John Howard Griffin was a journalist and a professional on race issues. After publication, he became a leading advocate in the Civil Rights Movement and did much to promote awareness of the racial situation sand pass legislature. He was middle aged and living in Mansfield, Texas at the time of publication in 1960. His desire to know if Southern whites were racist against the Negro population of the Deep South, or if they really judged people based on the individual's personality as they said. Because of this he felt that they had encouraged him to cross the color line and write Black Like Me.
Black Like Me is the story of a man named John Howard Griffin, who underwent a series of medical treatments to change his skin color temporarily to black; a transformation that was complete when John Howard Griffin shaved off his hair, and looking in the mirror, saw a bald, middle-aged black man. The reason he does this is for an experiment to see how racism was in the Deep South from personal experience. From November 6th to December 14th in the early 60's, he hitchhiked, walked, and rode through Mississippi, Alabama, Louisiana, and Georgia. After three weeks in the Deep South as a black man John Howard Griffin produced a journal covering his change into the black race, his travels and experiences in the South, the shift back into white society, and the reaction of those he knew prior his experience. The book was published and released. The reaction on the society differed in great ammounts.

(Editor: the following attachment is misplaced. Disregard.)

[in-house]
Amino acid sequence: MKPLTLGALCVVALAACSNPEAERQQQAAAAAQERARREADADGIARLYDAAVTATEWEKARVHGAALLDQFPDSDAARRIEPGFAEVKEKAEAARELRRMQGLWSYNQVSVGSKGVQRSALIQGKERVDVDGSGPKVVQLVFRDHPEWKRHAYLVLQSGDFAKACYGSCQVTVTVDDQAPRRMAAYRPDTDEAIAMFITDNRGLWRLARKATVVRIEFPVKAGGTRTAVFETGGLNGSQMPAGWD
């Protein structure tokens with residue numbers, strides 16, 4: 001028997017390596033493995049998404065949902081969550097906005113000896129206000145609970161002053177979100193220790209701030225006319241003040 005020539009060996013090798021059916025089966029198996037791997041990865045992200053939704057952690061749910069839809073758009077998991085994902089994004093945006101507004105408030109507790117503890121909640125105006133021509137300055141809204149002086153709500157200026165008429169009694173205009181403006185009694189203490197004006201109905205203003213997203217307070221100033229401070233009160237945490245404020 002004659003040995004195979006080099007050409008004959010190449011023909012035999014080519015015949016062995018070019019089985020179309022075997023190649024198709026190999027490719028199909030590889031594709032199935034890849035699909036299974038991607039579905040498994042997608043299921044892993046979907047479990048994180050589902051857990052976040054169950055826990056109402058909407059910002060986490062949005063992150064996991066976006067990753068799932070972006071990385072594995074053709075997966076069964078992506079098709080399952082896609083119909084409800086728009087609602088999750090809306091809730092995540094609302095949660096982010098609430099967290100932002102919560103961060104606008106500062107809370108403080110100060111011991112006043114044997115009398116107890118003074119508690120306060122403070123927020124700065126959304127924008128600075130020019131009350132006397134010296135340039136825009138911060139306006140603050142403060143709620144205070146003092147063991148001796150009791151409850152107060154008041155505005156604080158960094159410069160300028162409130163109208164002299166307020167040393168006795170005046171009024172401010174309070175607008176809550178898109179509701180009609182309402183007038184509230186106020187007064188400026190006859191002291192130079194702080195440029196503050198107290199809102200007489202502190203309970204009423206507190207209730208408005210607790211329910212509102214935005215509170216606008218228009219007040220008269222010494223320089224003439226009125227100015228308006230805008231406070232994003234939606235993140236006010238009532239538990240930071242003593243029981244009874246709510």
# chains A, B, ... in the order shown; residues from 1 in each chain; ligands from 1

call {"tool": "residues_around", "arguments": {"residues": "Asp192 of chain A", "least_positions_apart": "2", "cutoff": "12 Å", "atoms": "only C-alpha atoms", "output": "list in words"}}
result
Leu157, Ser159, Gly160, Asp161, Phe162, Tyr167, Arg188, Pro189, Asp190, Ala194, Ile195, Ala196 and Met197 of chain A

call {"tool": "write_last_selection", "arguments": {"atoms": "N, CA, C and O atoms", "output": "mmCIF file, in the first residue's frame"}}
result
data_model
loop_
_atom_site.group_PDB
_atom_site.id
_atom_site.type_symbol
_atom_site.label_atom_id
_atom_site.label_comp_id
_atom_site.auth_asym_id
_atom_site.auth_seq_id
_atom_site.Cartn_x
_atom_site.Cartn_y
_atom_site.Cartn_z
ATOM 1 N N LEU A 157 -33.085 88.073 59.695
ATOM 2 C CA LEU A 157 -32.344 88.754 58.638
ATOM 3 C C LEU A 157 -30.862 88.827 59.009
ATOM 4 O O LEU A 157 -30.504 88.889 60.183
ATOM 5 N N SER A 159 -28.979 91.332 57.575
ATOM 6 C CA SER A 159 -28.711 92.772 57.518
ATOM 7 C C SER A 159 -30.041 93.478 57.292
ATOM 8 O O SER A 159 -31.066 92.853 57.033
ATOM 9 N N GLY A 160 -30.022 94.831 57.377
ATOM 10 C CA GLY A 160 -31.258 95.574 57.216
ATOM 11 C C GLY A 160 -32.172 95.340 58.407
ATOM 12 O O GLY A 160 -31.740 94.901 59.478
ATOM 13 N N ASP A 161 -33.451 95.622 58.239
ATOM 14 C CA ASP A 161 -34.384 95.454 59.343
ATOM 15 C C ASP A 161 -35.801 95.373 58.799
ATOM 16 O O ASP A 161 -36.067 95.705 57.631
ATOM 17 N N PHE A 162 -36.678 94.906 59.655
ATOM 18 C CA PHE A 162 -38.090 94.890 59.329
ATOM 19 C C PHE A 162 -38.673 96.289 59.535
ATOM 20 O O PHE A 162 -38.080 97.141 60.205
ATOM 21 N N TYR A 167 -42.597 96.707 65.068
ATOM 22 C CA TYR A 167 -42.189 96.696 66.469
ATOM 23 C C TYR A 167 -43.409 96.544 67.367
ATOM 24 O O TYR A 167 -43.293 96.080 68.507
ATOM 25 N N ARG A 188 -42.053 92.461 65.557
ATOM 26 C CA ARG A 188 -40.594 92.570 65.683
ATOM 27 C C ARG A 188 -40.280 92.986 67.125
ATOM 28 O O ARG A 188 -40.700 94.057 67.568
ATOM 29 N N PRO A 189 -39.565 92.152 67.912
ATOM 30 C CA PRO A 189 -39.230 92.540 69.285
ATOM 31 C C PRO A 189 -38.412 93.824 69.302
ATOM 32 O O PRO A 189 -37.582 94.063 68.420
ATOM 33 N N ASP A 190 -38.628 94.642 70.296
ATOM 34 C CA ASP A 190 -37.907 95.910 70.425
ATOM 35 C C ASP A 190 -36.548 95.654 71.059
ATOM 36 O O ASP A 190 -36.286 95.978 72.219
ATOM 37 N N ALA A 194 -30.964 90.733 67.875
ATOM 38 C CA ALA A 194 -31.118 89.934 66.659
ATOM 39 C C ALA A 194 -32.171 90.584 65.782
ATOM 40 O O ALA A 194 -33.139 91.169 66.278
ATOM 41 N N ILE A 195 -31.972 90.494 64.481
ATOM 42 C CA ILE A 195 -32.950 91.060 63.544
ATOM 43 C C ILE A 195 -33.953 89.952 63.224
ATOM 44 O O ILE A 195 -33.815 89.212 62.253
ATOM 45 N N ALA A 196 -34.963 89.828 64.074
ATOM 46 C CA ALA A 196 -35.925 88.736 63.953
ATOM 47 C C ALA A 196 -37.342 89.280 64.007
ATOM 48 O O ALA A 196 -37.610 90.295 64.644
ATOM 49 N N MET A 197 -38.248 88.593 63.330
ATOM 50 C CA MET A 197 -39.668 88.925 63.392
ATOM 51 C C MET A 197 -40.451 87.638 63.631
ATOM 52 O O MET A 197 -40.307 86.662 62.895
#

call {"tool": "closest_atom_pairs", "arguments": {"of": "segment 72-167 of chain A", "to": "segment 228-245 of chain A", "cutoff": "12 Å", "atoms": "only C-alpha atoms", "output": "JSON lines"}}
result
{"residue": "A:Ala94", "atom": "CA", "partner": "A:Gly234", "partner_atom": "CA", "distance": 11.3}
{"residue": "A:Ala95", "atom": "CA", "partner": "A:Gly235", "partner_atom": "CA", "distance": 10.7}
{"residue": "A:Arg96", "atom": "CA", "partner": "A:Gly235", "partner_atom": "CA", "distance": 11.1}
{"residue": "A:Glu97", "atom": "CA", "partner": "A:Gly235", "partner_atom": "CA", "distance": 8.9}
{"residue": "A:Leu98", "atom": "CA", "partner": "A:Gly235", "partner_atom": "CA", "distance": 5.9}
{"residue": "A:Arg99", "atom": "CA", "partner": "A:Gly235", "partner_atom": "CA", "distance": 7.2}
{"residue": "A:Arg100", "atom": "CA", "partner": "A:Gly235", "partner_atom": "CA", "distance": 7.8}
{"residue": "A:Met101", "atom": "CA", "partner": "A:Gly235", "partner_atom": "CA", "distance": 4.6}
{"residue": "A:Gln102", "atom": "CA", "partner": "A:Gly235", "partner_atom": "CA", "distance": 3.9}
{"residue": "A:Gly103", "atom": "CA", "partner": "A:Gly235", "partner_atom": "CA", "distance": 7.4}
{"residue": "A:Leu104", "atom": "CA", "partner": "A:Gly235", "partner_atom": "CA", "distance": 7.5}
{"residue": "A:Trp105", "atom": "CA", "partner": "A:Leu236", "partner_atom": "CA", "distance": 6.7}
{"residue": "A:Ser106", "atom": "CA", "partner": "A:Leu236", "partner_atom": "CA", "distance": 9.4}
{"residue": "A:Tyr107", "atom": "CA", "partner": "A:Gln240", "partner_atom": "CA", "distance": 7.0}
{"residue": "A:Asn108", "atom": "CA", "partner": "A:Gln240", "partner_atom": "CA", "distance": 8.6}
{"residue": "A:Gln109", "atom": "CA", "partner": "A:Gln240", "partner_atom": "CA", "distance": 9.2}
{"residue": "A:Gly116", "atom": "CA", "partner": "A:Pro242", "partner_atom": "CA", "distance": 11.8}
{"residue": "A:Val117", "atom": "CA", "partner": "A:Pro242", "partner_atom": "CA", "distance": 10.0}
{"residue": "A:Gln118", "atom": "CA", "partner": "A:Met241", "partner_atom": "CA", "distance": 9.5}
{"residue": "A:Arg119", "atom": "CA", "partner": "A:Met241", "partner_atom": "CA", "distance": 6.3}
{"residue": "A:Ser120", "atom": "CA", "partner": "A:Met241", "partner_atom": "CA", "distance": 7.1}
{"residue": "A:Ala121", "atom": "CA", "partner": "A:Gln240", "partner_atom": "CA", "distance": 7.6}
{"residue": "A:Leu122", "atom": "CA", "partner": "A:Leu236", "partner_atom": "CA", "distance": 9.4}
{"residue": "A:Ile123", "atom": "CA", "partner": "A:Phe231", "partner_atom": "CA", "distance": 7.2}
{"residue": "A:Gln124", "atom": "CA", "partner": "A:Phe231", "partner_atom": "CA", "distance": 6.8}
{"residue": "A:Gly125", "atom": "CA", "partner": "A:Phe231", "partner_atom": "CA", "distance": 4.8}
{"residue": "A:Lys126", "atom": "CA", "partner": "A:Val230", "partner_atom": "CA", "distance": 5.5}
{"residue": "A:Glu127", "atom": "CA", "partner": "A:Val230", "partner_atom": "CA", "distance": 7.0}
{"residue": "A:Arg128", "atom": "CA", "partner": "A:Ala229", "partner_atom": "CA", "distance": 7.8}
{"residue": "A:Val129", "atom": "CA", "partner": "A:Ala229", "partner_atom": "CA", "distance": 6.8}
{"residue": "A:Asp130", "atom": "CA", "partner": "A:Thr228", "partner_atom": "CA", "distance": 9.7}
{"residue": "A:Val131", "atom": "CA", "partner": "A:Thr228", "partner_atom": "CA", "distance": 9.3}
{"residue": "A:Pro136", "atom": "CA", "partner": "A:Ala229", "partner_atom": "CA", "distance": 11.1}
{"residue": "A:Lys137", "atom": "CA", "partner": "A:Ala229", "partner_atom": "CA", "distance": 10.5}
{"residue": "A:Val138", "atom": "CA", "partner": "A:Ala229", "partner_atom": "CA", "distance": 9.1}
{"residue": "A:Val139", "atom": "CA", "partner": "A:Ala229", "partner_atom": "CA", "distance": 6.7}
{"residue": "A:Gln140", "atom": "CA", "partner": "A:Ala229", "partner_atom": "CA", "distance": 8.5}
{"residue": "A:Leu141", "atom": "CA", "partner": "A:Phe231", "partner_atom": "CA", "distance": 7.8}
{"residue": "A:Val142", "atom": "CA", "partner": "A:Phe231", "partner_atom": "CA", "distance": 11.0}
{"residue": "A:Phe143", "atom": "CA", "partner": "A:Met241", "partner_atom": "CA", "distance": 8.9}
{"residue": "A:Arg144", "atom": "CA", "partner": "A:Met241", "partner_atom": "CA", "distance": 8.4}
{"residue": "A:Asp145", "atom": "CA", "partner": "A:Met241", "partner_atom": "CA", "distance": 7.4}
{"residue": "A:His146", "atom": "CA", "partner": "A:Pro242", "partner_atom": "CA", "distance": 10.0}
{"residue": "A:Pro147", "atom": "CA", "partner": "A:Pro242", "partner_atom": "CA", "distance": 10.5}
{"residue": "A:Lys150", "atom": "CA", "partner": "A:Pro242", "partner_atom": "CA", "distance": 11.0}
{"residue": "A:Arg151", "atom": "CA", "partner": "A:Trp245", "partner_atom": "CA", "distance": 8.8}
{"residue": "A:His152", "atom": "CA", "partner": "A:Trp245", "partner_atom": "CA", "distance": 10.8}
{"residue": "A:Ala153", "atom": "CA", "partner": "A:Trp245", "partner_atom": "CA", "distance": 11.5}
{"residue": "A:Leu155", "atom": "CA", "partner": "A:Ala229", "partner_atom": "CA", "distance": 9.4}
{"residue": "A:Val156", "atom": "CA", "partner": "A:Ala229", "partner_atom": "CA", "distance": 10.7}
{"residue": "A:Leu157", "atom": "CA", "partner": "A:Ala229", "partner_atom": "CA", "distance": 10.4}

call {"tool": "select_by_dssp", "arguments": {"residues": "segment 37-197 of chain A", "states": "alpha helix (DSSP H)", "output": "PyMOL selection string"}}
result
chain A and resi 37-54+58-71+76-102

John Howard Griffin is the main character in the story. Throughout the story, this person displayed many qualities. He showed determination because he was bound and determined to become a black man so he could expose the truth about the Deep South and how racist they were. He also showed courage, for being able to pull through and do the things he did, such as become a whole new person of another race and going into dangerous territory...
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